Emotions are biochemical processes that link our bodies to our brains. They serve both a biological and developmental purpose in our lives. Each one has a specific and deep-rooted function that has allowed our species to survive, adapt, and evolve. Experiencing emotion can arguably be one of the most collective human experiences we can name.
Fear, for instance, works to guard us against potential dangers. Anger often arises when we feel like our rights have been violated. Happiness can act as a reward and motivate us to invest time and effort into whichever activity triggers it. In contrast, sadness can be an indicator of loss.
Emotional regulation begins in childhood
It is easy to forget that children experience the same emotions as adults do, in all their complexities and nuances. The truth is that children are often left to their own devices when they encounter their feelings, and they rarely handle them constructively, as they have no actual knowledge of understanding, recognizing, naming, and appropriately expressing their emotions. Unless children receive guidance and support, they can tend to react in a disorganized manner to their feelings. This can be seen in children when they’re throwing tantrums or crying uncontrollably.
What is childhood emotional neglect?
Childhood emotional neglect is particularly difficult to spot. Unlike trauma or abuse, it is not blatantly inflicted upon someone; instead, it is more often about something missing from the child’s upbringing. And how are you supposed to know, as a child, that you grew up missing something?
Parents and caretakers can model healthy emotional management when they notice, acknowledge, validate and discuss their child’s feelings. This modeling, in turn, normalizes the emotional process and helps them grow adequately equipped to face and manage their feelings.
Childhood emotional neglect occurs in the absence of this normalization process. It will typically linger if it remains unaddressed and has the power to taint relationships well into adulthood. The irony also resides in the fact that there is no place for blame. More often than not, it is passed down from one generation to the next. Parents or caretakers, in most cases, are not aware that they are insufficiently catering to their child’s emotional needs. But being unaware does not take away from its impact on a child’s emotional health.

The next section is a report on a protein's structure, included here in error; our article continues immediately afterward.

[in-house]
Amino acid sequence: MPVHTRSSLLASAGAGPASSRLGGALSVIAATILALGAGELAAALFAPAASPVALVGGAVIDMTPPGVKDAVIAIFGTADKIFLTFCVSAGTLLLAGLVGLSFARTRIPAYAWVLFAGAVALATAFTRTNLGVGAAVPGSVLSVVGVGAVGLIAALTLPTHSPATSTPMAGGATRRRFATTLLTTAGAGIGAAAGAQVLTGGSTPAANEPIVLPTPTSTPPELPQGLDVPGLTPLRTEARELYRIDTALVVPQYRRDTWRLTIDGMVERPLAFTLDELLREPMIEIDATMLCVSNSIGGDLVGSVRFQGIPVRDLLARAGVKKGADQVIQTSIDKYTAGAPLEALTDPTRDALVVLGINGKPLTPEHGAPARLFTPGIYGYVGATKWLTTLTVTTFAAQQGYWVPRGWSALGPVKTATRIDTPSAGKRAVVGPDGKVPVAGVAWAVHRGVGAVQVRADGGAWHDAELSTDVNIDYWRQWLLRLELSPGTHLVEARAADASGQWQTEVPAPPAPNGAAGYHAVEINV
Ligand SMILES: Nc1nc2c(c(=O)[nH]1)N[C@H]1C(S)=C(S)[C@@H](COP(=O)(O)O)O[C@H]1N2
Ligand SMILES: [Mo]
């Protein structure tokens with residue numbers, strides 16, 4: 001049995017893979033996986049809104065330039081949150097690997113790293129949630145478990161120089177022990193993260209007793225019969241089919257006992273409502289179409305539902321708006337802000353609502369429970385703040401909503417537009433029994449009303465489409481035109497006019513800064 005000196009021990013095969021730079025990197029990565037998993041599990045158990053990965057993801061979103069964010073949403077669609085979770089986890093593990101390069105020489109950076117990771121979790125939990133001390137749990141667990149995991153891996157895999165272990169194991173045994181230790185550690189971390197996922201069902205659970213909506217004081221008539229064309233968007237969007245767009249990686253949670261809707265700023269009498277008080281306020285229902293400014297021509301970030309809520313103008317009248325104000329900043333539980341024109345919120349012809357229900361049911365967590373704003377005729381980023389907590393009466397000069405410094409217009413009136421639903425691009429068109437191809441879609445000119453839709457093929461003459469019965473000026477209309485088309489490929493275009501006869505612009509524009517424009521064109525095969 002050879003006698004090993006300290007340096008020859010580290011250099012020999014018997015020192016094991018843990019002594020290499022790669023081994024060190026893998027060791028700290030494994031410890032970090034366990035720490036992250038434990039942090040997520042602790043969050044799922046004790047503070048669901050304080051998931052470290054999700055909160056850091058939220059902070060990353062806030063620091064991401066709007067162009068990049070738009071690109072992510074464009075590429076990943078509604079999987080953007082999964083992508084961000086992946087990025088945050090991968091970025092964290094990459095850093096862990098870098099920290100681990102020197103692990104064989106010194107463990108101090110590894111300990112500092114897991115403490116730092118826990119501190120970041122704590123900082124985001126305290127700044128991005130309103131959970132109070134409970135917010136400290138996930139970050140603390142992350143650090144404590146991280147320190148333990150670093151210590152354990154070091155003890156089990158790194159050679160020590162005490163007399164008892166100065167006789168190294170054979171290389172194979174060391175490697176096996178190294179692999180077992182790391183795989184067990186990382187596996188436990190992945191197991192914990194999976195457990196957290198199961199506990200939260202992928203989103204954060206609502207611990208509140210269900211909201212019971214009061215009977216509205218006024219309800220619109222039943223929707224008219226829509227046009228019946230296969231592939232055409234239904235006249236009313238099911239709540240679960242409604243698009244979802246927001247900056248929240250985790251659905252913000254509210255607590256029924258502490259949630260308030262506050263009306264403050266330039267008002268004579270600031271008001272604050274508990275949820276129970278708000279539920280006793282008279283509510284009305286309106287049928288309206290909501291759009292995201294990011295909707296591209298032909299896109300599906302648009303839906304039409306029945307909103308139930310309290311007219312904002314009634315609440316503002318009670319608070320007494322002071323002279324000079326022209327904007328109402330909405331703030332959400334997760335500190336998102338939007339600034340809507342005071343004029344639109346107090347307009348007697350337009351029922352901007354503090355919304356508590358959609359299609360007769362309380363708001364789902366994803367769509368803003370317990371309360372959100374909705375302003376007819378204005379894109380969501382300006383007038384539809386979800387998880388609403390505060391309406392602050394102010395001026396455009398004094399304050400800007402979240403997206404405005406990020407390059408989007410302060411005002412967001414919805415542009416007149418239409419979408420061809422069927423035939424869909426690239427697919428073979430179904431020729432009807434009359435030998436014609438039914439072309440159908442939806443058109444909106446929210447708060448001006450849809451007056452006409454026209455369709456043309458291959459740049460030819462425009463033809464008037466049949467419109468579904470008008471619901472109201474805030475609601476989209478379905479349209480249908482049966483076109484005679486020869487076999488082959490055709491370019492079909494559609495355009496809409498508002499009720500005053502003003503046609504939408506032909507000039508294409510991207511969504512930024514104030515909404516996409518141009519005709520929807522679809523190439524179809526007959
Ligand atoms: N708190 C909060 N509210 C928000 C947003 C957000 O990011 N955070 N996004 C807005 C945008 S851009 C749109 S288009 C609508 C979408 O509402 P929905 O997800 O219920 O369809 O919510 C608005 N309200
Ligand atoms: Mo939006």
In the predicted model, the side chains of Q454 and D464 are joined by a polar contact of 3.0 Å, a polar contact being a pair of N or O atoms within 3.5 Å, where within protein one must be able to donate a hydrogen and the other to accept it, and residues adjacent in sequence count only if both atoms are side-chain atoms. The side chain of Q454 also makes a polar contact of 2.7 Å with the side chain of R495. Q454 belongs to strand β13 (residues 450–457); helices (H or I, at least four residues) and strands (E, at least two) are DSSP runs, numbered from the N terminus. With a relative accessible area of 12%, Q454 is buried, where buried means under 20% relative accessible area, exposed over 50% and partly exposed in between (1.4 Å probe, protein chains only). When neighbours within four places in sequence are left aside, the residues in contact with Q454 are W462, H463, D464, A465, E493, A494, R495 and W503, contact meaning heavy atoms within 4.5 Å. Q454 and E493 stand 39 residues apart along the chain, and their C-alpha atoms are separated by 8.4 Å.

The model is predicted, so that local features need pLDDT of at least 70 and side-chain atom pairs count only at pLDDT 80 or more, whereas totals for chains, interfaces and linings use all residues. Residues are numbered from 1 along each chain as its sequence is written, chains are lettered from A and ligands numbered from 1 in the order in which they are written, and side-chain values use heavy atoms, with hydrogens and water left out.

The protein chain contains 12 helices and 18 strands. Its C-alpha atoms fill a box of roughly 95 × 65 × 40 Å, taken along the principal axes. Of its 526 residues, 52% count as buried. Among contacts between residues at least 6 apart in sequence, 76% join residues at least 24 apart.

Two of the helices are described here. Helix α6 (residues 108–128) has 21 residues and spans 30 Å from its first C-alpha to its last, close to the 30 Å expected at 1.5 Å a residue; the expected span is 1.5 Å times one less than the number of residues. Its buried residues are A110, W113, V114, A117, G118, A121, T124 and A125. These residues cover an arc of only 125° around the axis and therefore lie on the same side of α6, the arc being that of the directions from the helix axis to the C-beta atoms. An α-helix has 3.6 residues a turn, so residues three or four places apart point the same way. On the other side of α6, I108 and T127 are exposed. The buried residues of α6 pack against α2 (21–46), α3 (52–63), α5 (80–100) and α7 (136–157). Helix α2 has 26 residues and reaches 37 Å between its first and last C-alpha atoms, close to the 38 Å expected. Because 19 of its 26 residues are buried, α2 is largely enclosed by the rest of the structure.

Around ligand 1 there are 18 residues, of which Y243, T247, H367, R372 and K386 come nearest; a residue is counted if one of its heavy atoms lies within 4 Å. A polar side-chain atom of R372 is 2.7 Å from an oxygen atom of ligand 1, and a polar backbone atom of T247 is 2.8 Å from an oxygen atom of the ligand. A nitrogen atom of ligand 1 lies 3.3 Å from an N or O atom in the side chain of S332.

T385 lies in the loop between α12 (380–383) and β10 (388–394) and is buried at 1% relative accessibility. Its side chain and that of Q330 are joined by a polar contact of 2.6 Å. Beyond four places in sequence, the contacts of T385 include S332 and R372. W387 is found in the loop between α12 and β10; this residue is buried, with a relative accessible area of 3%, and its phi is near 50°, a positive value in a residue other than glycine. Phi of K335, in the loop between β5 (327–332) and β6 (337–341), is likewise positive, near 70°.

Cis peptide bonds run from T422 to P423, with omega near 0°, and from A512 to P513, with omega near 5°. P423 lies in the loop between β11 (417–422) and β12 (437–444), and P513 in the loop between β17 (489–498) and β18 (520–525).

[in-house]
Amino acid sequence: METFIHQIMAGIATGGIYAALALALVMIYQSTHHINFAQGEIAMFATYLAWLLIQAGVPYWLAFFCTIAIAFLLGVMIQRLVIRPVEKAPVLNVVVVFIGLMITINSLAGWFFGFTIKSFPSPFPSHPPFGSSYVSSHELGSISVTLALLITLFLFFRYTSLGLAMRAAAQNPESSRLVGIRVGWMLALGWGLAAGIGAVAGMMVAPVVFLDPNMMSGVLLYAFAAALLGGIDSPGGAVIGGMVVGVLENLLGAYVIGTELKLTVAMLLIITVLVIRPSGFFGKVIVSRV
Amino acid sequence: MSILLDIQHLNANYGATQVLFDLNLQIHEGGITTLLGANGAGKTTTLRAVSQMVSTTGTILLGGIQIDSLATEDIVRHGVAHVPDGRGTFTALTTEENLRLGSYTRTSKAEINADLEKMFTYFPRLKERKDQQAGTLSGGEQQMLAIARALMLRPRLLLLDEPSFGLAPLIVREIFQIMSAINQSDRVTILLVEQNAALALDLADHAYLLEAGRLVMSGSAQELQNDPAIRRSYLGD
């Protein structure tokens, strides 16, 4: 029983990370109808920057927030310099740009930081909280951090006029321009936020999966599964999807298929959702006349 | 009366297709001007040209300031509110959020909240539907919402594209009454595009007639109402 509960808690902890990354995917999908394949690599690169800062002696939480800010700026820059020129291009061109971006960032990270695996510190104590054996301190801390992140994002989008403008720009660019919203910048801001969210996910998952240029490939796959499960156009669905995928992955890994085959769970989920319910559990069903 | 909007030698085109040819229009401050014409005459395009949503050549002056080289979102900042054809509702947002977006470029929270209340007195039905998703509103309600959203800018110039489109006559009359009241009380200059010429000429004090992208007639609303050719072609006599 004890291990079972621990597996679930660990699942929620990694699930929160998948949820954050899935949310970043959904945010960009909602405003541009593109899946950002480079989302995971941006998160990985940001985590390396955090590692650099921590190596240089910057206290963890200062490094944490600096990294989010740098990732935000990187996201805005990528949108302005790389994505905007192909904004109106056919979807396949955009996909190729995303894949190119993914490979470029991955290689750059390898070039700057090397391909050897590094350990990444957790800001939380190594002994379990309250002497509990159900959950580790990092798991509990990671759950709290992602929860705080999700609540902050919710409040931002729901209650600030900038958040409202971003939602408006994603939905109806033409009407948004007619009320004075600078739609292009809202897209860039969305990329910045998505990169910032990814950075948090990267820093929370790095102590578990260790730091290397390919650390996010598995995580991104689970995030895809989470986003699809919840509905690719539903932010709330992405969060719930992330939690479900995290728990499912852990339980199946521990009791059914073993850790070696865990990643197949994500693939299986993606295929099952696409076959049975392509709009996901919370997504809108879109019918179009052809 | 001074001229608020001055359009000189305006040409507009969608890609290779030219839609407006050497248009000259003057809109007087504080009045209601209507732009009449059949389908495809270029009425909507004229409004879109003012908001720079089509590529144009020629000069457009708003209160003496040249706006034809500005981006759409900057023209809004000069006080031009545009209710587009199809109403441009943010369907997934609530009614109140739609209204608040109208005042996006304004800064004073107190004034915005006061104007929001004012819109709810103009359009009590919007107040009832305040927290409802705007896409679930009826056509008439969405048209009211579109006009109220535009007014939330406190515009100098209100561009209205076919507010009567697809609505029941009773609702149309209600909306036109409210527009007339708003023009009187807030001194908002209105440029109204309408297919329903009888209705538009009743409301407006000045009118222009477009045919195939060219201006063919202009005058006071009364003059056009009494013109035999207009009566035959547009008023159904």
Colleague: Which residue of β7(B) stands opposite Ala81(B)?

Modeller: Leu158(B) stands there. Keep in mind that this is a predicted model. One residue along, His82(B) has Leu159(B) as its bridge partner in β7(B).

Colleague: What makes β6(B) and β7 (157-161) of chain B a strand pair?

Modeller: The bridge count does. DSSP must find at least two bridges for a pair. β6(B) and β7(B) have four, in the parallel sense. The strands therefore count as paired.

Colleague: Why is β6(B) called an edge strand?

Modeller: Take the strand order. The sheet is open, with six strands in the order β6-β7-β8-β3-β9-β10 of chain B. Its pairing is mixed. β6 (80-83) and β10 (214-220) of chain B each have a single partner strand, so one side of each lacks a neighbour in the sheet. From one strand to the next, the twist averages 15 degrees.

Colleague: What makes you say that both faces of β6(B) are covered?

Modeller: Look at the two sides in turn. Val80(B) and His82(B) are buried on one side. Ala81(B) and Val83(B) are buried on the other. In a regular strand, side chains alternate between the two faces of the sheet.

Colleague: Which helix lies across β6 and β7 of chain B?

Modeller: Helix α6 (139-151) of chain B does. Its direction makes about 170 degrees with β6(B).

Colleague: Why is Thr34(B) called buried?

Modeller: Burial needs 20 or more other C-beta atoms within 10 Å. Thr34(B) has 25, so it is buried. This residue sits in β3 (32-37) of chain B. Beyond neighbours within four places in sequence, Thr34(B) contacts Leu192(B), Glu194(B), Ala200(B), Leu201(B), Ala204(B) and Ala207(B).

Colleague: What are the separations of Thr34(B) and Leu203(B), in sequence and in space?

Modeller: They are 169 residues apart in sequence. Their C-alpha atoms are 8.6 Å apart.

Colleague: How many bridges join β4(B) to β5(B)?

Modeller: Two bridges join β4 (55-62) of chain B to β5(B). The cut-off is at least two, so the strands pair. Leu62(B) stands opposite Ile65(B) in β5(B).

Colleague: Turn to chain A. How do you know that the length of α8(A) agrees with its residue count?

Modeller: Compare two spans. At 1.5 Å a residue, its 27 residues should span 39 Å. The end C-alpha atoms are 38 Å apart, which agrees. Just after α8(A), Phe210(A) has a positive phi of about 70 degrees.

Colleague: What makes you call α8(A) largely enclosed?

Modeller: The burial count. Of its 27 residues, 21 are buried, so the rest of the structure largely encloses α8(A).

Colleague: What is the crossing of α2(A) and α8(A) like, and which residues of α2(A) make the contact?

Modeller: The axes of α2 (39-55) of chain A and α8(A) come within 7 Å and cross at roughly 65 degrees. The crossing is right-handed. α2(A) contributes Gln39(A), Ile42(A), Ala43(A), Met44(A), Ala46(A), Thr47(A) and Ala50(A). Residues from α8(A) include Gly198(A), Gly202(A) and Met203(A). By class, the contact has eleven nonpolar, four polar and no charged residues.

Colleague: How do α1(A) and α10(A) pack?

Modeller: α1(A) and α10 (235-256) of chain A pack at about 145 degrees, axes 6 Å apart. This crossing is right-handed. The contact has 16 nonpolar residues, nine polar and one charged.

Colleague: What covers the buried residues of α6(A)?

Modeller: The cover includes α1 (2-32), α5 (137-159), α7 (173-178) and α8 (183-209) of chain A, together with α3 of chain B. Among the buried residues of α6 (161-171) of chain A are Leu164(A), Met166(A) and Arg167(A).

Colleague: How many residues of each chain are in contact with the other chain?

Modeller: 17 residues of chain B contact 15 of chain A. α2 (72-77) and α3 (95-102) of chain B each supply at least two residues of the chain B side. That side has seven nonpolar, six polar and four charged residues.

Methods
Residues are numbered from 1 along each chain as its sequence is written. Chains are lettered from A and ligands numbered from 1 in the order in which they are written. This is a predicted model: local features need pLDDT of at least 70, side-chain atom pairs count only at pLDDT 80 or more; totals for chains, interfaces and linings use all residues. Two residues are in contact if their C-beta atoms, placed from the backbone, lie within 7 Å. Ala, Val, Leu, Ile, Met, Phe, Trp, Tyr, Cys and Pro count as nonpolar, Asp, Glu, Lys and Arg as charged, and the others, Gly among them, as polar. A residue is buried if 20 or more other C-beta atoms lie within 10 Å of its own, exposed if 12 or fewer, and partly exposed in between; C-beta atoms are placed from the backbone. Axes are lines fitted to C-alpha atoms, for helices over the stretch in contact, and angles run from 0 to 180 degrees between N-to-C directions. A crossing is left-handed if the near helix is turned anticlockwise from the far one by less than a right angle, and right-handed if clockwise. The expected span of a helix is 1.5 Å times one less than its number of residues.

Some telltale signs of childhood emotional neglect can include, (only to name a few):
- Discomfort with the expression of feelings from self or others
- An internal conviction of being inexplicably flawed
- A tendency to berate oneself and lean towards guilt and shame
- A lack of understanding of how feelings work (spotting them upon trigger, naming them to oneself and others, and managing them constructively) A chronic feeling of emptiness or numbness
The impact on adult relationships
Emotional awareness is a necessary component of relationships. It allows both parties to support and understand each other and fosters a general sense of connectedness and security. If one of the partners suffers from unresolved childhood emotional neglect, this can lead to one or both partners feeling emotionally « lonely » in the relationship, which can be pretty daunting. From an interpersonal perspective, it’s like being separated from everyone else by a wall that you can feel but cannot see because you don’t know what you’re looking for. This is what makes it so pernicious: how can you tackle something you never learned how to recognize in the first place?
However, not all hope is lost for those of us who grew up without emotional education and guidance. We are not sentenced to lead emotionally vacant lives. We should not settle for this; what’s more, we do not have to experience it alone. Emotional awareness and connectedness are not something you have or don’t have; they are a set of skills you can foster in your life. Just like the muscles in your body, it’s something you build and get better at every day with continuous practice.
Healing from childhood emotional neglect
1) Educate yourself: The first step to emotional healing is to acquire the necessary knowledge to unlearn destructive cycles. In other words, it is about parenting yourself and providing your inner child with the comfort and validation essential to thrive emotionally. This is an ongoing journey, and the goal is to strive toward progress rather than perfection.
2) Drop the labels: Practical measures like learning to identify and name your emotions, and embracing them, can go a long way. Dropping the harmful labels, we grew up learning is also extremely helpful. There are no “good” or “bad” emotions; all emotions ought to be accepted, funneled, and regulated and altogether make up a rich and meaningful life.
3) Validate and share: It is essential to validate your feelings as much as possible and communicate them to yourself and others. You feel the things you feel for a reason, and that is okay!
4) Ask for help: You can and should, of course, turn to family, friends, mental health professionals, or anyone you trust and feel safe to engage with.
There is no shortage of ways to learn about and express our emotions. Soon enough, you can start to reap the benefits of your newly acquired emotional growth and perhaps even share your skills with others. For those of us who have or plan to have children of our own, this is an invaluable opportunity to pass their knowledge onto future generations by modeling a healthy expression of emotions.